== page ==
Lesson Summary Assessment
Demonstration/Engineering Recommendation: Conduct a closing demonstration with the entire class. Materials include: 1 fresh onion, lemon juice, 1 kitchen knife, 1 cutting board, 1 plate. Procedure:
- Slice the onion and place a slice on the plate. The smell should "pollute" the air. Carry the onion around the room for those who would like to smell it more closely. Ask the students: Is the strong smell unpleasant? Does it make your eyes water? Has the onion affected the air quality in the room?
- Pour lemon juice over the onion, completely covering all parts of it.
- Ask the students: Is the onion smell as strong? Does it still make your eyes water? (Answer: The onion smell should be considerably less strong.)
- Tell the students that they are now engineers for a large chain of food stores. Ask them to write a recommendation to the owners for the following questions:
- What does this demonstration have to do with indoor air pollution?
- If you were an engineer and you had just discovered that lemon juice counteracts the strong smell of onions (and other strong smells as well, such as garlic and fish), what recommendations could you make with the information?
Lesson Extension Activities
Read and discuss the attached Radon Reading.
Have students explore in more detail what they observed in the onion/lemon juice class demonstration (described in the Assessment section). Do all citrus fruits work? Does the lemon work on other smells, as well (fish, garlic, etc.)? Can you use this information to develop a "breath freshening" suggestion for someone who has just eaten a strong smelling food?
Have each student (to student group) choose a particular indoor air pollutant to research. Have each make an awareness poster about that pollutant. Display the posters in the school common area.
See the U.S. Environmental Protection Agency's Indoor Air Quality Tools for Schools Program at www.epa.gov (or attached) for ideas about how to use their resources with your students. Especially note the age appropriate activities in the How to Use the Tools for Schools Curriculum & Activities for Grades K-3 link.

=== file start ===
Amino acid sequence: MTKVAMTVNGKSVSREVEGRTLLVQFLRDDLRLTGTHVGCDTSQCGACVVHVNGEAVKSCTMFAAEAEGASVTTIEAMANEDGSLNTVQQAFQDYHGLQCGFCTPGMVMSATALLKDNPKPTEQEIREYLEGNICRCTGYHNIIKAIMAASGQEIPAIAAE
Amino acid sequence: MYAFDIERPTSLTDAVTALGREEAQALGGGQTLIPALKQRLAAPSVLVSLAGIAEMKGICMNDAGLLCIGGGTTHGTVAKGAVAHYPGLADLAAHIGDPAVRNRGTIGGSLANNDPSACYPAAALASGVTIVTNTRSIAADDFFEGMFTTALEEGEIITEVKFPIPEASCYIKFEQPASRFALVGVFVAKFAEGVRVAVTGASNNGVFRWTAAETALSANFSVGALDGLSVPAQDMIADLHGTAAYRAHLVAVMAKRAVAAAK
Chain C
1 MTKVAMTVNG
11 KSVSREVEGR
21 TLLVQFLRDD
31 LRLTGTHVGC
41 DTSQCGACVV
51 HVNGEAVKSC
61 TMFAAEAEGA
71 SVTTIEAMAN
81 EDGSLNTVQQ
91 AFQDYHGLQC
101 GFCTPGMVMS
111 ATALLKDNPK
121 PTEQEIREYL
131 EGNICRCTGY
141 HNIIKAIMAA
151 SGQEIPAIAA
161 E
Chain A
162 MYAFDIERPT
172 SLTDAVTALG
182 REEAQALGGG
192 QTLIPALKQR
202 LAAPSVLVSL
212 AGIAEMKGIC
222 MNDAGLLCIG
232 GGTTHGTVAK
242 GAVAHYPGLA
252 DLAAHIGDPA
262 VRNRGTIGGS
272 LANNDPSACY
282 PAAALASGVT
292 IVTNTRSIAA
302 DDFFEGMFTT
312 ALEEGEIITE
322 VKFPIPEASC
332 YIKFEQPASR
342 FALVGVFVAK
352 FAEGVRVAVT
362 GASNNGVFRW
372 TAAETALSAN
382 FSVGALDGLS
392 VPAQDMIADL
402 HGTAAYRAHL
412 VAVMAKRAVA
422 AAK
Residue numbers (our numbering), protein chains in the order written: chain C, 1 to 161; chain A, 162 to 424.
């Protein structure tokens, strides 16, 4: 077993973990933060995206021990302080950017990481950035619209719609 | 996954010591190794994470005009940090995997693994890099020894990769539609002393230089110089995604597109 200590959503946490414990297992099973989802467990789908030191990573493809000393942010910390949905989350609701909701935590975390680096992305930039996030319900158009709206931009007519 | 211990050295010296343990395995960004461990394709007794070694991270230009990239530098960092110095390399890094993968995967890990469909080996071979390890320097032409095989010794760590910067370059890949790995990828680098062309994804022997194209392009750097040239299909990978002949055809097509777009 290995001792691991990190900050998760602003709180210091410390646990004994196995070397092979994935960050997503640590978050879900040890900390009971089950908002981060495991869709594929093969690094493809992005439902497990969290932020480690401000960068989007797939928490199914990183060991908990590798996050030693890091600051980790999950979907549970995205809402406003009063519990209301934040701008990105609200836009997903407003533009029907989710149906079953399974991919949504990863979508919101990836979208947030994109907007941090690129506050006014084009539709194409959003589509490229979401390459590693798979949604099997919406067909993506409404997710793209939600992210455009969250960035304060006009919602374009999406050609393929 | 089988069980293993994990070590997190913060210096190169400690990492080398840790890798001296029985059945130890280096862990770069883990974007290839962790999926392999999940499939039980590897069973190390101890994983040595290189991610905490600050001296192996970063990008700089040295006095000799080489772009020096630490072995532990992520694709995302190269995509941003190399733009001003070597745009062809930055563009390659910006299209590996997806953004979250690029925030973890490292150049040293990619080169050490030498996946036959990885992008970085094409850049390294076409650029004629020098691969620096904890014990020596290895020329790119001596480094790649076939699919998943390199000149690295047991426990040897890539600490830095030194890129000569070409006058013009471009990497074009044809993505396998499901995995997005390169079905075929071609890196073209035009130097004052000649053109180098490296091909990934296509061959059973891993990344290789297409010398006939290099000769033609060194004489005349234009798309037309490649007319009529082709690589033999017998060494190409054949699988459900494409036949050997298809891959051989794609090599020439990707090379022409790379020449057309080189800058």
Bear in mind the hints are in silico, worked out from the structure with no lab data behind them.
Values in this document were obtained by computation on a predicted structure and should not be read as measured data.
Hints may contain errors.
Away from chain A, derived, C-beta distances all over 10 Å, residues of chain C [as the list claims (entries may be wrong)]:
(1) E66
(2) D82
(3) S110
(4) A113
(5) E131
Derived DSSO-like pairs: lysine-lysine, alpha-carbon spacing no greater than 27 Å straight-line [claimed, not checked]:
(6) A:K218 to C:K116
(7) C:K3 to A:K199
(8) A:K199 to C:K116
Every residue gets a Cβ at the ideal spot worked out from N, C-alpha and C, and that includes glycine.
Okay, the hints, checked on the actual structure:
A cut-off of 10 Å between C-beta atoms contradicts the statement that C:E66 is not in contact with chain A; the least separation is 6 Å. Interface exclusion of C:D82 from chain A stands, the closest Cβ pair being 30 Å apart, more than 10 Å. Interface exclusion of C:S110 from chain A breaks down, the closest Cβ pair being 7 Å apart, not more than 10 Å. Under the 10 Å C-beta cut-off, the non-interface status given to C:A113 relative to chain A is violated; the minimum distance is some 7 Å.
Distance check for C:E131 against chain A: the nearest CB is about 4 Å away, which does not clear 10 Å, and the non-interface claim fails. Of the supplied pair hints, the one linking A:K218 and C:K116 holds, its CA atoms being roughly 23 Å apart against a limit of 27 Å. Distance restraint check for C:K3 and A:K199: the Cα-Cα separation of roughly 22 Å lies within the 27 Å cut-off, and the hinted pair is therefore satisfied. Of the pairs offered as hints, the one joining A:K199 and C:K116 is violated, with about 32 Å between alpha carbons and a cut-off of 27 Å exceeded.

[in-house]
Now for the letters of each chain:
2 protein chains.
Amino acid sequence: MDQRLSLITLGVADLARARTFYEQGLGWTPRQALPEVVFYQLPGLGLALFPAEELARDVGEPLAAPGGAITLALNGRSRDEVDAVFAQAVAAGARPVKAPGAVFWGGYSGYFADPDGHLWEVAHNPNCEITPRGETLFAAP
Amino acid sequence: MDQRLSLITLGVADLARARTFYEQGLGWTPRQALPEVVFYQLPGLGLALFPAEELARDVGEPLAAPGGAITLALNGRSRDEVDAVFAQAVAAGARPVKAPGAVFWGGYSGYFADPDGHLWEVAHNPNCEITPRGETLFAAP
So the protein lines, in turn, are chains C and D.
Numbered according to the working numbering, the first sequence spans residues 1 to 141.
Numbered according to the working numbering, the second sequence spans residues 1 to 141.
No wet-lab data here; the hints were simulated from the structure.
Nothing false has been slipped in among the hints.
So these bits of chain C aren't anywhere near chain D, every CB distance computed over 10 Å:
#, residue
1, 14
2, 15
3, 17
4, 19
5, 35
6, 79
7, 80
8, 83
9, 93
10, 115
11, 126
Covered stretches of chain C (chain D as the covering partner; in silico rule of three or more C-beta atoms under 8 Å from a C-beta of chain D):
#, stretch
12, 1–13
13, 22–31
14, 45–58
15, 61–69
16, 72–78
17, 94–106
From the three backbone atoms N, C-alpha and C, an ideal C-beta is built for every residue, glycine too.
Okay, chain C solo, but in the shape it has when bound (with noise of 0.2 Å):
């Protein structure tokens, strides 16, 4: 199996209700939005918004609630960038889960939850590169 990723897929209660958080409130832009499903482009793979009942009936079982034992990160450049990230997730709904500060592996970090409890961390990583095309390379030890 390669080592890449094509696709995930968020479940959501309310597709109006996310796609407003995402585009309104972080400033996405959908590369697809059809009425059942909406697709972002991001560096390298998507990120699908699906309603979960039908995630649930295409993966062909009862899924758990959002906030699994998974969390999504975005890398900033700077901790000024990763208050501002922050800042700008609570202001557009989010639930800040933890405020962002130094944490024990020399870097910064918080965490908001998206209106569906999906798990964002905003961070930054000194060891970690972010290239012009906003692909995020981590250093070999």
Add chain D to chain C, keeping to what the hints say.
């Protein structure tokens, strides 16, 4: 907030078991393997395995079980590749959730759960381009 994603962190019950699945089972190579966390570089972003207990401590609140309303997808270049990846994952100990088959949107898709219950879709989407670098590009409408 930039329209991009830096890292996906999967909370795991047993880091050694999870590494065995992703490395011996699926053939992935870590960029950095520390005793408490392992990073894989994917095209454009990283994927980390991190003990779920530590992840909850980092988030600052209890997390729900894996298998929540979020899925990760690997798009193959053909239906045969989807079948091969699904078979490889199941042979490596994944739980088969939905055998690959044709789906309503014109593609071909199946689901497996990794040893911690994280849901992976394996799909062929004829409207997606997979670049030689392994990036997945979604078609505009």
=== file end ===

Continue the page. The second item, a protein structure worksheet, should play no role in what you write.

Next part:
Now that the students have found some examples of indoor air pollution in their own school and home. Ask them to begin thinking about what they can do to help prevent these types of pollutants. Have them search the Internet for an example of air pollution prevention. Conduct a class discussion on this topic during the next class period.
Air – Indoor Air Quality (IAQ). Updated August 17, 2020. U.S. Environmental Protection Agency. Accessed September 1, 2020. www.epa.gov.
Bonnet, Bob and Keen, Dan. Science Fair Projects – The Environment. New York, NY: Sterling Publishing Company, Inc., 1995.
Indoor Air Pollution. EduGreen: Making Environmental Learning Fun for the Young. Accessed September 1, 2020. http://edugreen.teri.res.in/explore/air/indoor.htm.
Jennett, Pamela Spurling. Investigations in Science – Ecology. Huntington Beach, CA: Creative Teaching Press, Inc., 1995.
Copyright© 2004 by Regents of the University of Colorado
ContributorsAmy Kolenbrander; Janet Yowell; Natalie Mach; Malinda Schaefer Zarske; Denise W. Carlson
Supporting ProgramIntegrated Teaching and Learning Program, College of Engineering, University of Colorado Boulder
The contents of this digital library curriculum were developed under grants from the Fund for the Improvement of Postsecondary Education (FIPSE), U.S. Department of Education and National Science Foundation (GK-12 grant no. 0338326). However, these contents do not necessarily represent the policies of the Department of Education or National Science Foundation, and you should not assume endorsement by the federal government.
Last modified: May 18, 2022